When I first started running competitively, I realized that running could never consume me. It could never become my identity. Who I am in Christ is where I find my identity. Who I am rests in the fact that I am His child, holy and dearly loved. And though He has brought many passions into my life, including running, not one of them is essential. “I can receive His blessings with open hands. Enjoy His good gifts, but I do not cling to them. I must turn my attention to the Giver of all good things, and rest in the knowledge that I am complete in Him. The one thing I absolutely need is the One thing that I can never lose: God’s presence with me.” (Jesus Calling) Over the last three years, and more specifically the last seven months, my Sweet Lord has put me to the test in regards to who I am and finding peace in His presence alone.
On December 1st, 2012th, I was at the Memphis Marathon as an invited athlete. It wasn’t a deep field and I was seeded first. I was ready not only to win the race, but run my best marathon time yet. Little did I know that by mile 13, I would walk off the course frustrated and defeated, with a small annoying ache in my achilles. An ache that would eventually side-line me from any serious training and racing. An ache that would not, and has not gone away, for almost three years. An injury, that for the time being, has taken one of my greatest pleasures in life away from me…running.
During 2013 and 2014, it seemed I was going from doctor to doctor trying to figure out what was wrong with my foot and how to correct it. After more than two years of trying physical therapy and every conservative treatment available for achilles pain, I came to the realization that the only hope of curing the pain was to under-go surgery. This was something I wanted to avoid, but considering I couldn’t run or even walk without excruciating pain, I knew it was something that needed to be done.
On March 17th, 2015 I went in for achilles debridement surgery, as well as the removal of a bone spur, and a strayer procedure on my calf. I knew this was not going to be an easy surgery or an easy recovery. I had accepted in my mind, to the best of my ability, that after surgery I would not be able to run for at least six to twelve months.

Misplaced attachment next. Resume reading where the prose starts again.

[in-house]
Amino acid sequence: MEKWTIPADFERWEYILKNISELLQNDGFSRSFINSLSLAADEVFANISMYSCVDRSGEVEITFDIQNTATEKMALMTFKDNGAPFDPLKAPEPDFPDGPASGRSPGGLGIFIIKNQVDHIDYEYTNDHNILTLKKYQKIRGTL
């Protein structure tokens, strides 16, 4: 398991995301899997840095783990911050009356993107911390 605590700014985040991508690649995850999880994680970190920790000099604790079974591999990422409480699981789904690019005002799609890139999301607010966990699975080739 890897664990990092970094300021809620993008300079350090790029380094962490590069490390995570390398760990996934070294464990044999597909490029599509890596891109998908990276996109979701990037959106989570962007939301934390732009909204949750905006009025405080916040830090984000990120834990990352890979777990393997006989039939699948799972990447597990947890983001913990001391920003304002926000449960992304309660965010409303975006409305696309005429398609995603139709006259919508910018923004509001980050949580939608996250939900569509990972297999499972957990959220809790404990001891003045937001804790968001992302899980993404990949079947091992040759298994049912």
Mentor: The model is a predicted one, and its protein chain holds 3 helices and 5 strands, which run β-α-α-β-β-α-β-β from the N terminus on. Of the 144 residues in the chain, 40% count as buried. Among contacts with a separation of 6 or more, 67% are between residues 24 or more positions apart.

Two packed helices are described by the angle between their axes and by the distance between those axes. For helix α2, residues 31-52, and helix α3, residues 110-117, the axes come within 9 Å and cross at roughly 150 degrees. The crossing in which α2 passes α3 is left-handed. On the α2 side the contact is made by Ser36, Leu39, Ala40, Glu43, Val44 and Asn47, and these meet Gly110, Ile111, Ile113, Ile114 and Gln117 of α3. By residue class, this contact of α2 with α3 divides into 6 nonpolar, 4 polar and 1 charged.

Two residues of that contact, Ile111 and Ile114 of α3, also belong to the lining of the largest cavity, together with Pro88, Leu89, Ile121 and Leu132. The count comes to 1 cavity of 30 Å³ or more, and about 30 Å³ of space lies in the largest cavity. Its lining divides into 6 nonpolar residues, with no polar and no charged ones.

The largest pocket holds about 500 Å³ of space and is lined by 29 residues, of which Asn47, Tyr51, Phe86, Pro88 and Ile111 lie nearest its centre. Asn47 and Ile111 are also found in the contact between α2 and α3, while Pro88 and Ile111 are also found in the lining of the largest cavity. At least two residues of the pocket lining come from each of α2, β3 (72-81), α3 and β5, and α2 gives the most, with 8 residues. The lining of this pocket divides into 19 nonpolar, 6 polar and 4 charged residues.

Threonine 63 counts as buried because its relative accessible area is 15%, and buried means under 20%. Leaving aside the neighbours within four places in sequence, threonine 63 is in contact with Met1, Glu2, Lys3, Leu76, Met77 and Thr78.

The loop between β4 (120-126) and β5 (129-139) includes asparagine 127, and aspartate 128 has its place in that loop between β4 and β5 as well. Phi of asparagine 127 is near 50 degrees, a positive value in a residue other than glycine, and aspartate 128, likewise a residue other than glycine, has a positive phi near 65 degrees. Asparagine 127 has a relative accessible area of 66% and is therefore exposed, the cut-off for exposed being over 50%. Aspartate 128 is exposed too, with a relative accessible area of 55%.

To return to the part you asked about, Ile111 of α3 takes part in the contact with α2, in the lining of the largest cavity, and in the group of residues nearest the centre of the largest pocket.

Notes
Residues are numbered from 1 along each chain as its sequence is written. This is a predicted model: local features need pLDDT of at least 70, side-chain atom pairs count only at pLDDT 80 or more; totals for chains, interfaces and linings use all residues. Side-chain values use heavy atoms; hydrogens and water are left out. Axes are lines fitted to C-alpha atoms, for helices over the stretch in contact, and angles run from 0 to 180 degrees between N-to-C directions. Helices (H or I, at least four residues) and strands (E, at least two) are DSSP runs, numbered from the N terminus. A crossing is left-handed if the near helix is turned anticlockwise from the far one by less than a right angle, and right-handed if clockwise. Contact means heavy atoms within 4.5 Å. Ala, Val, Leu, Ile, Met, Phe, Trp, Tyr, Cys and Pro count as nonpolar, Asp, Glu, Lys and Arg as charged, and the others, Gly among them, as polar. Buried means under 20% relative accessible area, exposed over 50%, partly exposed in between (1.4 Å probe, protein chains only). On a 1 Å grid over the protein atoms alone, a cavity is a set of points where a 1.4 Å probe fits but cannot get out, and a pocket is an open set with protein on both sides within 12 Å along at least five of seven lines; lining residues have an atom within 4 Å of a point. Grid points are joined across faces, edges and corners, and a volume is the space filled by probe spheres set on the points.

Post-surgery I was relieved that I had taken the final step in curing my foot and I was determined to focus on recovery. I was in a hard cast and on crutches for the first twelve weeks. Of course, I thought about running, but I seemed to be content with not being able to do so. However, there did come a time when I would see someone out running and it would sting a bit. I had to constantly remind myself that healing was in God’s hands, God’s timing, not mine.
When I was finally off the crutches and out of the cast I went directly into the boot for four weeks. I was still doing okay mentally but I kept thinking to myself, “I took me so many hours, so many hard workouts, so much sweat, so much time, to get to the level I was at in the years past.” Would I ever be able to get it back? I found that I was looking back and wishing I could be there. I longed for the time when running was fun, easy, and fast. I wanted to be in the past, training hard and winning races. Christ, gently nudged me out of the past and reminded me, that while I can look back and miss it, I must not look back and be sad. I must look back and be thankful that I was there, knowing that the past and my experiences have shaped me into who I am today. I must look back and thank Him for the accomplishments I was able to achieve and then bring my focus to today, the present, where I am now, and trust that “He is doing a new thing!” (Isaiah 43:19)